By: Dallas Snider | Updated: 2013-10-07 | Comments (6) | Analysis Services Development
Many Data Mining or Machine Learning students have trouble making the transition from a Data Mining tool such as WEKA  to the data mining functionality in SQL Server Analysis Services. Can you provide some assistance with this transition to Microsoft's Naive Bayes Data Mining algorithm? Check out this tip to learn more.
The solution presented here takes a classic example of the Naive Bayes classification algorithm from Data Mining and Machine Learning seen in differing variations in textbooks by Quinlan , Mitchell , Han, Kamber and Pei , and the WEKA application. Also in this tip, a demonstration is given on how to use the SSAS Mining Model Prediction feature to predict the class label of an unknown object.
The first step is to create a table and load it with data using the T-SQL sample below.
IF EXISTS (SELECT name FROM sys.tables WHERE name = N'tblNaiveBayesExample') DROP TABLE dbo.tblNaiveBayesExample; create table dbo.tblNaiveBayesExample ( PKey integer identity(1,1) Primary Key, Outlook varchar(8) not null, Temperature varchar(4) not null, Humidity varchar(6) not null, Windy varchar(5) not null, Play varchar(3) not null ) insert into dbo.tblNaiveBayesExample values ('sunny','hot','high','FALSE','no') insert into dbo.tblNaiveBayesExample values ('sunny','hot','high','TRUE','no') insert into dbo.tblNaiveBayesExample values ('overcast','hot','high','FALSE','yes') insert into dbo.tblNaiveBayesExample values ('rainy','mild','high','FALSE','yes') insert into dbo.tblNaiveBayesExample values ('rainy','cool','normal','FALSE','yes') insert into dbo.tblNaiveBayesExample values ('rainy','cool','normal','TRUE','no') insert into dbo.tblNaiveBayesExample values ('overcast','cool','normal','TRUE','yes') insert into dbo.tblNaiveBayesExample values ('sunny','mild','high','FALSE','no') insert into dbo.tblNaiveBayesExample values ('sunny','cool','normal','FALSE','yes') insert into dbo.tblNaiveBayesExample values ('rainy','mild','normal','FALSE','yes') insert into dbo.tblNaiveBayesExample values ('sunny','mild','normal','TRUE','yes') insert into dbo.tblNaiveBayesExample values ('overcast','mild','high','TRUE','yes') insert into dbo.tblNaiveBayesExample values ('overcast','hot','normal','FALSE','yes') insert into dbo.tblNaiveBayesExample values ('rainy','mild','high','TRUE','no') select * from dbo.tblNaiveBayesExample go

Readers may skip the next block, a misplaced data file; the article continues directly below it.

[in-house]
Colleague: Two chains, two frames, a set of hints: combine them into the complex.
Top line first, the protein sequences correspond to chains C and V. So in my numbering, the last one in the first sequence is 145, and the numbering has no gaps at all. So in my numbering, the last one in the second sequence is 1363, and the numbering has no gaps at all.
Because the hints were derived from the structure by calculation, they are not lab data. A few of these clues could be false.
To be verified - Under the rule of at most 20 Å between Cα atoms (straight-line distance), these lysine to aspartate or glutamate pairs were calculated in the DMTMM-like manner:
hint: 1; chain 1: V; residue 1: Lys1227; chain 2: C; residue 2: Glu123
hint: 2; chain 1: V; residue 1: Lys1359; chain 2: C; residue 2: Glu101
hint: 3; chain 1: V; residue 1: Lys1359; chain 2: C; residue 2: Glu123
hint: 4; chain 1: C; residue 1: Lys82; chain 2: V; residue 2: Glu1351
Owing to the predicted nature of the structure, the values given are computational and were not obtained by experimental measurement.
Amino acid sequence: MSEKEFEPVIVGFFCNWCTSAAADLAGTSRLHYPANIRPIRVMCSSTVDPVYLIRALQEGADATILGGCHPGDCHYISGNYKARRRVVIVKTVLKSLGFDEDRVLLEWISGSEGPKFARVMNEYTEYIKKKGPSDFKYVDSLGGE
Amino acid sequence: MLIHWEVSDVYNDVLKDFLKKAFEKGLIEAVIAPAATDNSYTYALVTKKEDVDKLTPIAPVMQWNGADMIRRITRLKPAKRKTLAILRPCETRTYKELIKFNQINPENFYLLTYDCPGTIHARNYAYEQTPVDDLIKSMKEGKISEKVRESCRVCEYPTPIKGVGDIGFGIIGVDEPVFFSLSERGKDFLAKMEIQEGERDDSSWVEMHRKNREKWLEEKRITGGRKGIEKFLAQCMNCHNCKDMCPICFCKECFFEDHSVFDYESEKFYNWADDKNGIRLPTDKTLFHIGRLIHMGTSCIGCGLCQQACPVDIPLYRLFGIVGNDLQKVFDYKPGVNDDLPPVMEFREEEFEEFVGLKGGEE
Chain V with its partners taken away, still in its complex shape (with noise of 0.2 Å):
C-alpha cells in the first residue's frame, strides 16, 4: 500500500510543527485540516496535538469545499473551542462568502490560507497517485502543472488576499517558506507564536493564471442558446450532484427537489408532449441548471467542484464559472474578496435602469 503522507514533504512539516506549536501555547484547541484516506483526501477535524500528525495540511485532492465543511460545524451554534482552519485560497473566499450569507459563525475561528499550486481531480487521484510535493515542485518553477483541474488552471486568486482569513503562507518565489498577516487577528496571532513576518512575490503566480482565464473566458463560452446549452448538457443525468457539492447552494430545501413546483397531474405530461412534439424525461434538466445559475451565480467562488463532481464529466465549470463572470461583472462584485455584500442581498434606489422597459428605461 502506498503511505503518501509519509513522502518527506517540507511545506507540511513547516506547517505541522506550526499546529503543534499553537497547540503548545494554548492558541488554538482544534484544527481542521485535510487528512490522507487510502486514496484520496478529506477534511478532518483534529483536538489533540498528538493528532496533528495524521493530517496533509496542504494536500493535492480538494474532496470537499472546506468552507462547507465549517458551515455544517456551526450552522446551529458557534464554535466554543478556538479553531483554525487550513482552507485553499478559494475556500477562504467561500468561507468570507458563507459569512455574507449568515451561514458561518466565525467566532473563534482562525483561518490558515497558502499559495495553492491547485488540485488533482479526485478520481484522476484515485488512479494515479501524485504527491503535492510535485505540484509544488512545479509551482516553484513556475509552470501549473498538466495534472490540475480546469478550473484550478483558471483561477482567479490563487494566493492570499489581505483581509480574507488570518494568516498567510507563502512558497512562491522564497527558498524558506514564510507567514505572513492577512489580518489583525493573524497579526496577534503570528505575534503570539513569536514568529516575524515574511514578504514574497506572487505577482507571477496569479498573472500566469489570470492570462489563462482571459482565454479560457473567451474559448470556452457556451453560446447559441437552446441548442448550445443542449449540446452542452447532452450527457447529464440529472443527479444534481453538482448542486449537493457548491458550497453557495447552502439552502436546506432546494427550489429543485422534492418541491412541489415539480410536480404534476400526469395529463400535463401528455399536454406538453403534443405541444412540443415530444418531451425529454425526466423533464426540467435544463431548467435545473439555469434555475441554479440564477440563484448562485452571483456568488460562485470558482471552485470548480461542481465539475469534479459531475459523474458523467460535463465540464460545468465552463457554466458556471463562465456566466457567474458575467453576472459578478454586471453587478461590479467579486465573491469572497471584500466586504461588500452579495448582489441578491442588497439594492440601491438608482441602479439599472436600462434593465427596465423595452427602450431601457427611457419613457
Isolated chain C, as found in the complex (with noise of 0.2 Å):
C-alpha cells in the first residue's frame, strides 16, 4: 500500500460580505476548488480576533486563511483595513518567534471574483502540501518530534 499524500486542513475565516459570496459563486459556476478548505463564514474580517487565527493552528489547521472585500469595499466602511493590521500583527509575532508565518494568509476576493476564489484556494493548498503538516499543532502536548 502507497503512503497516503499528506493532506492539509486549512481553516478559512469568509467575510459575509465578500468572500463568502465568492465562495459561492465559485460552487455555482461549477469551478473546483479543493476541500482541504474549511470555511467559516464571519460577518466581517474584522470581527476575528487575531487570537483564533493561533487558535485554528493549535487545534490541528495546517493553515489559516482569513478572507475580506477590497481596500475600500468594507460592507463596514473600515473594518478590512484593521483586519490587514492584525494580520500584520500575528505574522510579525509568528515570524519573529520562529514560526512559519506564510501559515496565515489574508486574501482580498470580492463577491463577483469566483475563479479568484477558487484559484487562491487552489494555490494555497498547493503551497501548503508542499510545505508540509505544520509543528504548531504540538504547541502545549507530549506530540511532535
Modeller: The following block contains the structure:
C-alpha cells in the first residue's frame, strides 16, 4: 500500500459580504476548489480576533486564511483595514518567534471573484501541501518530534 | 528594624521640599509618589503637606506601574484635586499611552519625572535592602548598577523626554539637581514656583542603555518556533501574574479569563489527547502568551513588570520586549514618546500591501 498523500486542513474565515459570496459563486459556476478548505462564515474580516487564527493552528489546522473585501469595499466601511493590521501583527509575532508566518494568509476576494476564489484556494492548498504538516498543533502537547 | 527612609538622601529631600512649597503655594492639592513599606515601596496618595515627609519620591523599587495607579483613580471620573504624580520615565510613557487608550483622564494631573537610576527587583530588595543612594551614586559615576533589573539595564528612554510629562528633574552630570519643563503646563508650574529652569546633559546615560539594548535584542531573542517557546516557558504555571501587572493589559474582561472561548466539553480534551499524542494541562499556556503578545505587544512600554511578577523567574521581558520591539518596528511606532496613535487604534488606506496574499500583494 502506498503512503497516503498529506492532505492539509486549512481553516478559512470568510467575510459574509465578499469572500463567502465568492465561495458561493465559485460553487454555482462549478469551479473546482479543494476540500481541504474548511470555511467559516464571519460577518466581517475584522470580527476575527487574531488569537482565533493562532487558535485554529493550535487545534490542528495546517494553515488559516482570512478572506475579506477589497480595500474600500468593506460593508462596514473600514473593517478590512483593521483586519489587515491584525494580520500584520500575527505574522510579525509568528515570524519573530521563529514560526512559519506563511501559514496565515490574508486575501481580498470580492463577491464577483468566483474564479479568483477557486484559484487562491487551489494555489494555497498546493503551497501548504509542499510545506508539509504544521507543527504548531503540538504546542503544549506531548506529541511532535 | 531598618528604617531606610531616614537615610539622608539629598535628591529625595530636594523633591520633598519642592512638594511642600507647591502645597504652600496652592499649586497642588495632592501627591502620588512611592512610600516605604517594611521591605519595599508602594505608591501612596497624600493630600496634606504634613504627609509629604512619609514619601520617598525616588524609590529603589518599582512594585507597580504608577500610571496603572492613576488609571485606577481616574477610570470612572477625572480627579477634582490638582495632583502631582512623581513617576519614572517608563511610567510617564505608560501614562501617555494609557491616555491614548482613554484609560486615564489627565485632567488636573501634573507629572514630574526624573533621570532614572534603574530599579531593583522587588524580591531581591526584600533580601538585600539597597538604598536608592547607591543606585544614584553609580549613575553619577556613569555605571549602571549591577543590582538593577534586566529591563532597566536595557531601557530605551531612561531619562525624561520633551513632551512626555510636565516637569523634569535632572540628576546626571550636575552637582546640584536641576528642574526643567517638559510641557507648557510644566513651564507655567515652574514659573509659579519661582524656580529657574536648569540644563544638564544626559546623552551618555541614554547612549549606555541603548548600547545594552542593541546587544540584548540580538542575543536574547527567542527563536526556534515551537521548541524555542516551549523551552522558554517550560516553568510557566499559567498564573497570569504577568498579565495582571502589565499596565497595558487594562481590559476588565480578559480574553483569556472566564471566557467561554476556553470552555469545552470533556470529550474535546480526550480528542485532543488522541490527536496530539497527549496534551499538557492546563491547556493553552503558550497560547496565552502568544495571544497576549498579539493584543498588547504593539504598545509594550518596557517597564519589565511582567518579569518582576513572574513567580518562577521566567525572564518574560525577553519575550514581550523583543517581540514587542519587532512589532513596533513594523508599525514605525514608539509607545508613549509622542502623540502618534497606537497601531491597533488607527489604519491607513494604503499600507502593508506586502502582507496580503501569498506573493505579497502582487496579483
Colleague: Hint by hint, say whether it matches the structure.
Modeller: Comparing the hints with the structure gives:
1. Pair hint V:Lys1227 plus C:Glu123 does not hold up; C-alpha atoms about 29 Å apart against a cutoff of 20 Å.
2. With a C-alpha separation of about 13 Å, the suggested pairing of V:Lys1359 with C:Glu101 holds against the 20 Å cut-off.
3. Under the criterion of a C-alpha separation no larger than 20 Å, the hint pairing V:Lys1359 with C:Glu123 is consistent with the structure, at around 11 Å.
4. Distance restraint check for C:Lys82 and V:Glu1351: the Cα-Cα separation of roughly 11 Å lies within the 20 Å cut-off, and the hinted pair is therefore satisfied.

The output from the T-SQL code is shown below. This data will be used as the input for the data mining algorithm.
In Visual Studio (also known from the start menu as SQL Server Data Tools), create a new Analysis Services Multidimensional and Data Mining Project. In this tip, we will name the project Naive Bayes Example. Click on OK when finished with the New Project window.
In the Solution Explorer window, right-click on the Data Sources folder and choose "New Data Source..." to initiate the Data Source Wizard. Click on "Next >".
Choose your data connection, if one exists. If a Data connection does not exist, click on "New..." to create a new data connection. In this example, we are using a connection to the Tips database on the localhost. Click on "Next >".
On the Impersonation Information screen, click on "Use a specific Windows user name and password." Enter your username and password. Click on "Next >".
On the Completing the Wizard screen, the data source name can be changed if desired. Click on "Finish".
In the Solution Explorer window, right-click on the Data Source Views folder and choose "New Data Source View..." to launch the Data Source View Wizard. Click on "Next >".
On the Select a Data Source page in the Relational data sources window, select the data source we created in the above step. Click on "Next >".
On the Name Matching page, check the box for "Create logical relationships by matching columns." In the Foreign key matches box, press the "Same name as primary key" button. Click on "Next >".
On the Select Tables and Views page, move tblNaiveBayesExample from the Available Objects box to the Included object box by selecting tblNaiveBayesExample in the Available objects box and then clicking on the ">" box. Click on "Next >".
On the Completing the Wizard page, give the Data Source View a name and click on "Finish".
The Solution Explorer should appear as it does below with one Data Source and one Data Source View defined.
In the Solution Explorer window, right-click on the Mining Structures folder and choose "New Mining Structure..." to launch the Data Mining Wizard. Click on "Next >".
On the Select the Definition Method page, press the radio button labeled "From existing relational database or data warehouse". Click on "Next >".
On the Create the Data Mining Structure page, press the radio button labeled "Create mining structure with a mining model". Choose the "Microsoft Naive Bayes" data mining technique from the drop-down box.
On the Select Data Source View page, choose "Tips" from the Available data source views. Please note this is the data source view we created earlier. Click on "Next >".
On the Specify Table Types page, make sure the Case box is checked and the Nested box is unchecked for the table named tblNaiveBayesExample.